9 March 2010
Edwards' aggression tests NASCAR's new credo
Following Atlanta controversy, NASCAR now needs to respond to the incident involving Brad Keselowski and Carl Edwards
Now that the boys indeed have “had at it,” NASCAR has a problem.
In the aftermath of Sunday's Kobalt Tools 500 at Atlanta Motor Speedway, the sanctioning body must decide to what extent it will discipline driver Carl Edwards for intentionally, blatantly and unabashedly wrecking Brad Keselowski on the 323rd lap of what was supposed to be a 325-lap race.
“Boys, have at it and have fun,” vice president of competition Robin Pemberton said during the off-season, coining a phrase that quickly became the mantra of NASCAR's new laissez-faire attitude toward its competitors.
Embargos against bump-drafting were lifted, holes in restrictor plates were widened to provide more horsepower at plate tracks, and drivers were encouraged to settle their differences on the asphalt. The term “self-policing” was bandied about ad nauseam.
The tack NASCAR would take was clearly evident during championship weekend last November at Homestead-Miami Speedway, long before Pemberton's off-the-cuff remark would become the new watchwords of the sport.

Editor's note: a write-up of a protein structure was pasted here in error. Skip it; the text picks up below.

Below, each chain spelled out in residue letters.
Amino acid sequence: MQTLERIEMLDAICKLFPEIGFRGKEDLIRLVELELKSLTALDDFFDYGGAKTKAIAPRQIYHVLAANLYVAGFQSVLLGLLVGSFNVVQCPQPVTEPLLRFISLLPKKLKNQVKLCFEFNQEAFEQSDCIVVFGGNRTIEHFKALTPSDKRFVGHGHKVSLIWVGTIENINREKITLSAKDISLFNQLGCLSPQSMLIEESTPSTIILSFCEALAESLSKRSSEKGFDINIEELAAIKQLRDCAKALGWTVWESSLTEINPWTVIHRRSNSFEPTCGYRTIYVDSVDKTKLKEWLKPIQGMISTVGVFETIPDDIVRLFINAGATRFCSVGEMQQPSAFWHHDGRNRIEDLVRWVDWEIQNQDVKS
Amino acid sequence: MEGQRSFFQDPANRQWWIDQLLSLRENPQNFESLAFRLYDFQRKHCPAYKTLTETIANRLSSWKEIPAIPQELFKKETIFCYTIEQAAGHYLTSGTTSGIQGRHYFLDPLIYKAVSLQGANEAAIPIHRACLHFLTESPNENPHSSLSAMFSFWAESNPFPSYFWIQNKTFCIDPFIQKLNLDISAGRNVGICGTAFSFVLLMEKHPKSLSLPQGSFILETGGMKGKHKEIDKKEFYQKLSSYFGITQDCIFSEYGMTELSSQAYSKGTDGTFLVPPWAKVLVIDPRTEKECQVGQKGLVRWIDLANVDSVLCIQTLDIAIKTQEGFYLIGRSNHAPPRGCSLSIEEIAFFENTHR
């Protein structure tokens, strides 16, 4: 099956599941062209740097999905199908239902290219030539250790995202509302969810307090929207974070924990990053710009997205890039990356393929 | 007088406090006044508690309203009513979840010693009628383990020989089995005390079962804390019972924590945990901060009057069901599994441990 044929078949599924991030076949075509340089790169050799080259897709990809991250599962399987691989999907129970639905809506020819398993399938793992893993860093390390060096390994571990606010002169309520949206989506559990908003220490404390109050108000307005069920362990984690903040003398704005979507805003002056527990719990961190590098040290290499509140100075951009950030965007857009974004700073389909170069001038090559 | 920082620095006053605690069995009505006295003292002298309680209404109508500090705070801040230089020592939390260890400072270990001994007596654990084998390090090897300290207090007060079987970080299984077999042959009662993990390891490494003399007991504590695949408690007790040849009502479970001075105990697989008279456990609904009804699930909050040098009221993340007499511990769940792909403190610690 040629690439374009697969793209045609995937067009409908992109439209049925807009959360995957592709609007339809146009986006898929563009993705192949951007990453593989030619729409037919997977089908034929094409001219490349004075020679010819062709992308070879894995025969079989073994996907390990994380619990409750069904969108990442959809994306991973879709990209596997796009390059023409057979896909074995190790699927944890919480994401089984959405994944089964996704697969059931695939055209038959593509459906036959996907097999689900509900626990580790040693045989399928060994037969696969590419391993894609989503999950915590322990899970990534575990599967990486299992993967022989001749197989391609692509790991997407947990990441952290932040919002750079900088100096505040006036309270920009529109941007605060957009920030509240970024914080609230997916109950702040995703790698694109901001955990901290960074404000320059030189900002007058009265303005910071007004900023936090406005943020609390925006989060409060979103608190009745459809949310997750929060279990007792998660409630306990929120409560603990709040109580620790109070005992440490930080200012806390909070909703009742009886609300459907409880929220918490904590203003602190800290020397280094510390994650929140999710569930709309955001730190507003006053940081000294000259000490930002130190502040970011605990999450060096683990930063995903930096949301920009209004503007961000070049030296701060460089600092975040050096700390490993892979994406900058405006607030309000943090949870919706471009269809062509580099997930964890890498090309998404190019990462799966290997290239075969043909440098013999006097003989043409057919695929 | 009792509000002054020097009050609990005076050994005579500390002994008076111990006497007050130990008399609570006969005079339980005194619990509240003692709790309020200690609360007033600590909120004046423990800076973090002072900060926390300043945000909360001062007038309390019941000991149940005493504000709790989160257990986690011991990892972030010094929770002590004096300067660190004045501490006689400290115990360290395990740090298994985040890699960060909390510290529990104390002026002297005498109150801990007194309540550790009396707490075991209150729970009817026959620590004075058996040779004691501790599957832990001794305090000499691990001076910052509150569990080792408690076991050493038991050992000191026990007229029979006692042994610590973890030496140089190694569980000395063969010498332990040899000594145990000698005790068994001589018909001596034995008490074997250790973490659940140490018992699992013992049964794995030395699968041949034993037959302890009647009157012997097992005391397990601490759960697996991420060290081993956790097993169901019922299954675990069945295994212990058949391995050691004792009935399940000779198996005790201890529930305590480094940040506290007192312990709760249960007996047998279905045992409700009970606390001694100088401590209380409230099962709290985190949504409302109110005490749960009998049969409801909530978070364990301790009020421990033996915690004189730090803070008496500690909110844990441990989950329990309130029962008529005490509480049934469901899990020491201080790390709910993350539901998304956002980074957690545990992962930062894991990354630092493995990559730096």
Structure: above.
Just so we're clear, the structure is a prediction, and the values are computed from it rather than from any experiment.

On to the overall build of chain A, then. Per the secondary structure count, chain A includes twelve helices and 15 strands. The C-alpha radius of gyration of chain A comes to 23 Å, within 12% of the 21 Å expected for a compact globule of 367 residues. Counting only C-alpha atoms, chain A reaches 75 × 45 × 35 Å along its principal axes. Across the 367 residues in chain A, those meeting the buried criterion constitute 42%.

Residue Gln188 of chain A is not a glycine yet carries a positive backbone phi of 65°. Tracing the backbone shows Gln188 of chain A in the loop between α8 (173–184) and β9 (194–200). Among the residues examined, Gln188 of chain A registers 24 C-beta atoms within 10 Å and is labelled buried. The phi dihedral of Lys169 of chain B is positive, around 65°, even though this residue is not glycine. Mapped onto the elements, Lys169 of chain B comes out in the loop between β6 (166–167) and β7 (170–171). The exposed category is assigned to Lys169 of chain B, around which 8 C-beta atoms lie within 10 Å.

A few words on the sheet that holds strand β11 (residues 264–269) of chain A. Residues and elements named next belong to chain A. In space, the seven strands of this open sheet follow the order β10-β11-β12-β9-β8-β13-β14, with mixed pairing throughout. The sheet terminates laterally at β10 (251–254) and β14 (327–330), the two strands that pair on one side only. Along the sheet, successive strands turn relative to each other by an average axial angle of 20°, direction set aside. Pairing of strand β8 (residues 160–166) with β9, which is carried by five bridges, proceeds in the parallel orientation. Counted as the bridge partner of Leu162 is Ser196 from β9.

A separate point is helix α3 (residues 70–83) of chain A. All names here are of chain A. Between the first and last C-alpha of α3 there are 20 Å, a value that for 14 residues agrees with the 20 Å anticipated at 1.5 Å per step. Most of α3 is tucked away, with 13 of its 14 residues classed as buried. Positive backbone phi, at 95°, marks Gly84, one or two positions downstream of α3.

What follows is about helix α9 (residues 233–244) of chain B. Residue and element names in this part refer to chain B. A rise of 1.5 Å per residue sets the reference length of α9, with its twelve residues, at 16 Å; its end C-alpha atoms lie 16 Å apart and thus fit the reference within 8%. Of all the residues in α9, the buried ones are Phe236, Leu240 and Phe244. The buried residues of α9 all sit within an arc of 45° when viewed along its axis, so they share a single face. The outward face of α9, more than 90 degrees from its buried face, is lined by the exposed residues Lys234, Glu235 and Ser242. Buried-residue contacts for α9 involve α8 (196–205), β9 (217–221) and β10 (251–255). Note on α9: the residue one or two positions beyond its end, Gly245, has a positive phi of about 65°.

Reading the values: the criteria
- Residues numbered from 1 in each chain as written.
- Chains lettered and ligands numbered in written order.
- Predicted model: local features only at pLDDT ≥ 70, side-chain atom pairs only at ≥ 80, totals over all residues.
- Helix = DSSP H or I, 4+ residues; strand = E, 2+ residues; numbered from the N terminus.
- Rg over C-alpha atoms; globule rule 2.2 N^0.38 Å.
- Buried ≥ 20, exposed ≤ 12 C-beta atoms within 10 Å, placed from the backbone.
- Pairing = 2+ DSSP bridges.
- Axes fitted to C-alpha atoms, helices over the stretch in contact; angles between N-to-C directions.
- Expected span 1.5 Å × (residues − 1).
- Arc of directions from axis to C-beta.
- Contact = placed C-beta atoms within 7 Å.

In the Nationwide Series season finale, Denny Hamlin spun Keselowski, as he had promised to do a week earlier at Phoenix, where the drivers had traded shots on the racetrack. Hamlin, who had gotten the short end of the exchange at Phoenix was docked a lap at Homestead for the altercation.
The following day, in the final Sprint Cup race, Tony Stewart knocked Juan Pablo Montoya into the wall between turns three and four. Montoya spent the next 27 laps plotting his revenge, while his car was repaired in the garage area. He returned to the track and spun Stewart.
Because Keselowski and Stewart spun harmlessly, NASCAR treated both incidents with a wink and a nod. No harm, no foul. “Boys, have at it, and have fun.”
On Sunday at Atlanta, however, Keselowski wasn't as lucky. To the accompaniment of an audible, collective gasp from the main grandstand, Keselowski's #12 Dodge flipped over, slammed into the outside wall in the tri-oval, landed on its roof on the driver's side, righted itself and skidded into the wall in turn one.
In the process, NASCAR collected another testimonial to the safety enhancements of its new racecar. Keselowski appeared groggy and sore when he climbed from the car but otherwise none the worse for wear.
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